The Pandemic from a Meaning and Purpose Perspective
Part 1: Venting a bit.
Posted Mar 26, 2020
“May you live in interesting times.” – English expression, erroneously attributed to a "Chinese curse"
In this time of global pandemic, it feels very much like we are living under a cloud of confusion with the rules of engagement changing too fast to make any sense. Like many of you, I am trying hard to strike the right balance of underworrying and overpreparing (or is it overworrying and underpreparing... what did that last important email tell me to do?).
There’s even uncertainty in the name of this pandemic: coronavirus/COVID-19. I’m still not sure which one I’m supposed to use. Saying “coronavirus” risks legal action from Anheuser-Busch-InBev because for some reason they don’t want their Corona beer brand associated with ending life as we know it on planet Earth. But saying COVID-19 makes me think I’m in a 1960s sci-fi novel, or possibly a late-1970s electronic music outfit.
Then comes the overwhelming volume of directives and updates. Every two hours I receive an important list of what I am supposed to stop doing. As often seems to be the case, the current pandemic response followed a predictable disaster communication progression:
- Something scary and sad is happening, but it’s far away so we express sympathy, but life goes on
- Some people are freaking out, but this situation is not a big deal for us
- Stop buying all the face masks and toilet paper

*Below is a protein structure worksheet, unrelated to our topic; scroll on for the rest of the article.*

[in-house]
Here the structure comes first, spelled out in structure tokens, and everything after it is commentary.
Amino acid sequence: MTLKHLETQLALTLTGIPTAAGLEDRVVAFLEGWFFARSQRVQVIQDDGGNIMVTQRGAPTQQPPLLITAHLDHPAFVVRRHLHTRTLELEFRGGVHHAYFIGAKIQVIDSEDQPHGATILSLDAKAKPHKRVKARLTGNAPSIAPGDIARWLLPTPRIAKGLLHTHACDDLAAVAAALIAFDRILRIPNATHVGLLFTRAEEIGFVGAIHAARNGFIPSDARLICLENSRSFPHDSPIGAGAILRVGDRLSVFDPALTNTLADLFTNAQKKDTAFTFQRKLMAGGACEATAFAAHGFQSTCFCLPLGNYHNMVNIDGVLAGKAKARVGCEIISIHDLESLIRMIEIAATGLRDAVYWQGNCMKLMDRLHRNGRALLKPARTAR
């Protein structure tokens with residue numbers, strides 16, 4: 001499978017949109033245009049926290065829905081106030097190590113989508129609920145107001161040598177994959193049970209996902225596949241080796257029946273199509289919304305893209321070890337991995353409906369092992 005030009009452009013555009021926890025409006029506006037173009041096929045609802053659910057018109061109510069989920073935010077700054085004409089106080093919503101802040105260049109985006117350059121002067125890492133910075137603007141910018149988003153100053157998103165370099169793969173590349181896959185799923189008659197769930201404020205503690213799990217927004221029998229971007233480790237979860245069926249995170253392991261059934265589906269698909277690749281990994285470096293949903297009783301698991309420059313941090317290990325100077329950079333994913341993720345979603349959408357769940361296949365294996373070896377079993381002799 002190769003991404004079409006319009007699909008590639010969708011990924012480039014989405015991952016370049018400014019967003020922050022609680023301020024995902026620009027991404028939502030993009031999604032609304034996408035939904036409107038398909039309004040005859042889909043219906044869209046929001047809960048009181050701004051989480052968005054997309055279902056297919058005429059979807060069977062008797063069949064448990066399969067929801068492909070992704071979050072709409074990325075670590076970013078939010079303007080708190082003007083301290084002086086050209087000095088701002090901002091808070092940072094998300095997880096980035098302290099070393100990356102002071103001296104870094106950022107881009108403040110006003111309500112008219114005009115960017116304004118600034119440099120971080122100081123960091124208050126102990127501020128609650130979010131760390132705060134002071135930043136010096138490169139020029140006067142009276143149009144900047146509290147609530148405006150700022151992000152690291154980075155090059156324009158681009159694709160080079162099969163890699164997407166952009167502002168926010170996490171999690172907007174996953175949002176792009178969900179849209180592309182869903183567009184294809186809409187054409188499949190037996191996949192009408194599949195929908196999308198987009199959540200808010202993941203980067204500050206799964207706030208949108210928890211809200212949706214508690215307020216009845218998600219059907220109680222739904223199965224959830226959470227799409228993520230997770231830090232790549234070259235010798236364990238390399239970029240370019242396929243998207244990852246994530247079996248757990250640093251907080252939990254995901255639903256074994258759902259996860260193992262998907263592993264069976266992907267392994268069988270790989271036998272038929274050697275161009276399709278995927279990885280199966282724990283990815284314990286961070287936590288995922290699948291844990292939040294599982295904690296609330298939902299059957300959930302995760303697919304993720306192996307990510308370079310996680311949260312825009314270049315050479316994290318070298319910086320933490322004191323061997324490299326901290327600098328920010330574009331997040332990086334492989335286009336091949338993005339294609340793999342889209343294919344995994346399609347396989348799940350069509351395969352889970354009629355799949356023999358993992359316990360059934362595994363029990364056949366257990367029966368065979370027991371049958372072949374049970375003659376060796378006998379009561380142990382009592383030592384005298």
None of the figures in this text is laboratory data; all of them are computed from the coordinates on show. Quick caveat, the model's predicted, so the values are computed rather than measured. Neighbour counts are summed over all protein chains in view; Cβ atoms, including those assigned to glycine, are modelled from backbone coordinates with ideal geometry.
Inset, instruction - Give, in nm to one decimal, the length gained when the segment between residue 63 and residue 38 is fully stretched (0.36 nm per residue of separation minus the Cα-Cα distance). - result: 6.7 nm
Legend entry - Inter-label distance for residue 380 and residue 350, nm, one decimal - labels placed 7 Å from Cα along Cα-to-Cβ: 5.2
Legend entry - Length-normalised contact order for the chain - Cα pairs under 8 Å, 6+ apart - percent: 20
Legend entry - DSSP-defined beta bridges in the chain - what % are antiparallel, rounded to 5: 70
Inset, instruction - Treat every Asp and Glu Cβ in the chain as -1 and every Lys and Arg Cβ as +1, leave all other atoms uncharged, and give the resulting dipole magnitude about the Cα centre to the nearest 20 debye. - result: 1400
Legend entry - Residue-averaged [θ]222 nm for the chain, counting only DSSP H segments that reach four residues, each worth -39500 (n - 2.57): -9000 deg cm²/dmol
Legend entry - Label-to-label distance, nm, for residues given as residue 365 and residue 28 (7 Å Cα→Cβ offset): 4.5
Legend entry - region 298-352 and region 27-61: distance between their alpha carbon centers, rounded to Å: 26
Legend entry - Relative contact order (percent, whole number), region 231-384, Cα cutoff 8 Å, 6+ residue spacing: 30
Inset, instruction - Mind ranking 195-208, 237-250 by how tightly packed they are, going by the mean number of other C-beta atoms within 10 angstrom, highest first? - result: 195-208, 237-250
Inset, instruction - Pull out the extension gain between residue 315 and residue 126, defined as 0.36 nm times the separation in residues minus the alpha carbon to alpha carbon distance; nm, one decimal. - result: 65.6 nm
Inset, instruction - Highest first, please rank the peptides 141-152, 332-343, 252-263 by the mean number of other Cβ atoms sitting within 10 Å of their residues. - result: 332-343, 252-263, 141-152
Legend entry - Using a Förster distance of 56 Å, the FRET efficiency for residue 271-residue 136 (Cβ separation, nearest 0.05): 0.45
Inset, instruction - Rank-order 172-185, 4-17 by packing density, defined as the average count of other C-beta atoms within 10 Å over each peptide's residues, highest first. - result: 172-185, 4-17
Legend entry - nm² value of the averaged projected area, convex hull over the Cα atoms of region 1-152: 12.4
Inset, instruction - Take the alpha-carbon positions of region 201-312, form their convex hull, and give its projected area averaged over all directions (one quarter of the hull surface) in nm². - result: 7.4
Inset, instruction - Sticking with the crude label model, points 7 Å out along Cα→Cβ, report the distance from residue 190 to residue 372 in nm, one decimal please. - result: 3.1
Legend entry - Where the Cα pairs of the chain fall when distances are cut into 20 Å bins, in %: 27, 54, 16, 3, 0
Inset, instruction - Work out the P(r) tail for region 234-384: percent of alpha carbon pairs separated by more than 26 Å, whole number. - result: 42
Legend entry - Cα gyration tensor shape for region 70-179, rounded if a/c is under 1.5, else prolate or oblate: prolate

- Here’s an interesting article from economists trying to explain why people buy so much toilet paper when they get freaked out, yeah we know that economists don’t actually study human psychology, but we like to listen to them precisely when all their models stop working
- Yes, we seem to have underestimated our exposure to all this, but we have it under control now
- To impress you with how “on it” we are, we will temporarily change one thing that will cause you lots of inconveniences but does not seem at all related to the threat
- There is almost no chance that we will need to implement any of this, but please start preparing for comprehensive changes to everything
- Just a friendly reminder that we are super on top of this thing :)
- Don’t panic, we mean it
- We’re working on a plan, but it’s kind of no big whoop, life will still go on as normal, just don’t go outside maybe?
- The Dow Jones just lost 80 million points, so make sure to support local businesses, but don’t go inside their stores
- THE WORLD IS TOAST DON’T PANIC
Although my initial instinct is to make light of all this, I know that the global pandemic is a big deal. Real lives are thrown into chaos and lost, and many people are gripped by real anxiety and worries about jobs, far off family members, and access to the resources and services they need. What the world is going through now is monumental and is very likely to have lingering effects.
The intent of this article is to help anticipate how to tip the scales so that the lingering effects might be more positive than negative. Sure, what we do in the short term can help blunt the spread of the coronavirus and can dampen the worry that drenches us each night when we try to go to sleep. But what we do in the short term also can add to our lives in positive ways. We can prepare for more meaningful and purposeful lives just as much as we can prepare to ensure we all have enough food and sanitation.
Among the most unique new angles a meaning and purpose perspective brings us is that we are able to see, now, that we are on a journey. We look at the present moment and all of its upheaval and know that what matters is less about what happens and more about how we respond.